Last week, I wrote about a brief presentation I gave to some of the tenure-track faculty at our institution. The major point I made was that tenure guidelines are instruments favouring the tenured in an asymmetric power relationship. But I expressed this as “collegiality” was often an unwritten factor in tenure decisions.
Abel Pharmboy at Terra Sigilata has a long discussion thread going on around the question of whether collegiality should play any role in tenure decisions. From there, I learned that the American Associate of University Professors recommends against using collegiality at all as a factor in tenure decisions. It’s a short but thoughtful analysis. (Also, Dr. Free-Ride has more to say on this.) I think I agree with it, in fact.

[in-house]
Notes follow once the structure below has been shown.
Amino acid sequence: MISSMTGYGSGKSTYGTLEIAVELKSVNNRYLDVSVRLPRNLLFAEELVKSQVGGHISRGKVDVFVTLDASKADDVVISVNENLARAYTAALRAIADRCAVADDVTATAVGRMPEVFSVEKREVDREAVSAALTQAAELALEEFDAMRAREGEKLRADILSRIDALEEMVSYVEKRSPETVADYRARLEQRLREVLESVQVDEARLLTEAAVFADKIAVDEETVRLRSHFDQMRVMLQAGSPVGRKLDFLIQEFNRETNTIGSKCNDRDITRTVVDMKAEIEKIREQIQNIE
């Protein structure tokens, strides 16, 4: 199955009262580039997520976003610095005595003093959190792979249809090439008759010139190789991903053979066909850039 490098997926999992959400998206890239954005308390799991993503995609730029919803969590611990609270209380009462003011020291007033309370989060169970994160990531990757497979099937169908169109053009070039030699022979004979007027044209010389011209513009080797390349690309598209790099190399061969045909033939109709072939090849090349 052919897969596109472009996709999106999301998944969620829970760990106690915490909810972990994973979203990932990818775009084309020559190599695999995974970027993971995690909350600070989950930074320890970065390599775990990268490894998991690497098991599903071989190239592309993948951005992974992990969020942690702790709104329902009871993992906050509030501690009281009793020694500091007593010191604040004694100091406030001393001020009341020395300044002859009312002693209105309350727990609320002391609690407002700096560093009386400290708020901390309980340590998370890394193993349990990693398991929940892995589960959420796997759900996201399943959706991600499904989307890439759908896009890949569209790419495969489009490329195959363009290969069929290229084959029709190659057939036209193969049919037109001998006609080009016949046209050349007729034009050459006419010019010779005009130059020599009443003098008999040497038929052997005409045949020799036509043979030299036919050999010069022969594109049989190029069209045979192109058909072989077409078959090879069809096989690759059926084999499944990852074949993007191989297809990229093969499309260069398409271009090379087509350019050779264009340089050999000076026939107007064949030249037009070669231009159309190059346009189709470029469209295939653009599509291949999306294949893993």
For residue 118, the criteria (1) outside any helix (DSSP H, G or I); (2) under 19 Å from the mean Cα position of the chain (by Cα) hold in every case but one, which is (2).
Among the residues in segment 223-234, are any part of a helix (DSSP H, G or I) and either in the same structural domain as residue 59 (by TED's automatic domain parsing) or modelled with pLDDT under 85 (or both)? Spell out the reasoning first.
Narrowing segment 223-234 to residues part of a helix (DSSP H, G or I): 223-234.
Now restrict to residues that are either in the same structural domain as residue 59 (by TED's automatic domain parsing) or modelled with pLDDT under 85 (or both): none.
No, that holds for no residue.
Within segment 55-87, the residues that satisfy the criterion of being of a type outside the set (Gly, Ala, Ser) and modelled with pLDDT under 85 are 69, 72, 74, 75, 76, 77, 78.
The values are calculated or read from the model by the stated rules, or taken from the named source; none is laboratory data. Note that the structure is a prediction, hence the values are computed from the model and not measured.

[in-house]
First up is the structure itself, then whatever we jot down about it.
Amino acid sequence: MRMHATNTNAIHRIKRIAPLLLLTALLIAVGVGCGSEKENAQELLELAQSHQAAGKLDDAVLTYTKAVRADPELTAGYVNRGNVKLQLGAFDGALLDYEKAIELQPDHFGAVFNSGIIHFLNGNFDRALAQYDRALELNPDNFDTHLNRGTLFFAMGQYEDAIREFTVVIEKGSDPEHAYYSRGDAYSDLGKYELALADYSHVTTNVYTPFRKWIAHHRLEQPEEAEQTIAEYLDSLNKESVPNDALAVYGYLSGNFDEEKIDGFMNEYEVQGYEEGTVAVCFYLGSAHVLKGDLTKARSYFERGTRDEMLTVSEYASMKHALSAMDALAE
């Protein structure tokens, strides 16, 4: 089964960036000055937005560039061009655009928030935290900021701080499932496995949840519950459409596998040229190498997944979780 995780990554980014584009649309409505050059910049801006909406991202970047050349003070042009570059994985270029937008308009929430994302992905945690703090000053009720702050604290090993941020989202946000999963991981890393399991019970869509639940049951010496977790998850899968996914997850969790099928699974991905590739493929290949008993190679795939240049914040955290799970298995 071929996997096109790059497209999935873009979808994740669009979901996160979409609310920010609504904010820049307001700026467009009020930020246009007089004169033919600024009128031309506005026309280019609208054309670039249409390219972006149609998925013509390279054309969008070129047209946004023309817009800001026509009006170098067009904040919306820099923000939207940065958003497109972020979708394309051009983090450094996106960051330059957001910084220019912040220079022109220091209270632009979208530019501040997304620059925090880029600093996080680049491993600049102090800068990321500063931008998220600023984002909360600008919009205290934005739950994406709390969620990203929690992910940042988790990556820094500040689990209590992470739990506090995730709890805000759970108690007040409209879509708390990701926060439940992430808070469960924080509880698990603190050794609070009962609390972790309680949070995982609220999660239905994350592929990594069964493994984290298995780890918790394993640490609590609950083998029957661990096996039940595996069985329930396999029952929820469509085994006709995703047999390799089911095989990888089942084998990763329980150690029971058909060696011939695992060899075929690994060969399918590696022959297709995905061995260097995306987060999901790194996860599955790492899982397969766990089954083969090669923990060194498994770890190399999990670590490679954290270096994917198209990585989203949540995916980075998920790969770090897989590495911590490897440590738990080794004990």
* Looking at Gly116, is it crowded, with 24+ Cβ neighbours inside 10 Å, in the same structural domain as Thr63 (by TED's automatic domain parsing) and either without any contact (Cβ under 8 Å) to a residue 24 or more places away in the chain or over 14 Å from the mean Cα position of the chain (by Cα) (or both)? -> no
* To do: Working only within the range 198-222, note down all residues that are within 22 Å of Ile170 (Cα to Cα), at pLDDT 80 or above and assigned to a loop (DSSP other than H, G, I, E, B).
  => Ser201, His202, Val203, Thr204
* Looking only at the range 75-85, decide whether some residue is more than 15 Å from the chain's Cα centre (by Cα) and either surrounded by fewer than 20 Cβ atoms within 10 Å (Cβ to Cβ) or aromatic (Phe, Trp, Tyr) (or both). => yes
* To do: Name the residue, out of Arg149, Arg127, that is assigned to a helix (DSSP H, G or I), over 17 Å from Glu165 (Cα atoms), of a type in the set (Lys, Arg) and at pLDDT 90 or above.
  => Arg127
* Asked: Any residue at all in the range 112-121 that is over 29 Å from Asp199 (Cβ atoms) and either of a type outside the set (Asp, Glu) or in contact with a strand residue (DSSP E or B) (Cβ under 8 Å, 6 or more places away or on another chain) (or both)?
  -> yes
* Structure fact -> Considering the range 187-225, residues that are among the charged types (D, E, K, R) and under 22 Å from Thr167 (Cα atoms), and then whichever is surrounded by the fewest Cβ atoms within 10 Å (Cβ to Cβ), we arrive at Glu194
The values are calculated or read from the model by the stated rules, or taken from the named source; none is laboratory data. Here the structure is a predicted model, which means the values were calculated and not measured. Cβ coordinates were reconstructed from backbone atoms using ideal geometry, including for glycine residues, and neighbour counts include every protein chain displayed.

That said, here is a possible problem. I have not experienced this first hand; this is just an impression I’ve gotten from talking to colleagues.
The way many departments “handle” behavioural problems (bullying, say) with their tenure-track faculty is not to address the behavioural problem itself. Instead, they’ll ride the person harder on the academic requirements for tenure, and use that as an excuse to get someone out of their department.
Academics should be much more willing to say, “You’re not playing nice. Knock it off,” instead of weaseling out with, “You met all our minimum criteria, but you didn’t publish in a journal with an impact factor greater than 1.7, and your grant was only $49,000, so you just haven’t done enough for us to warrant tenure.”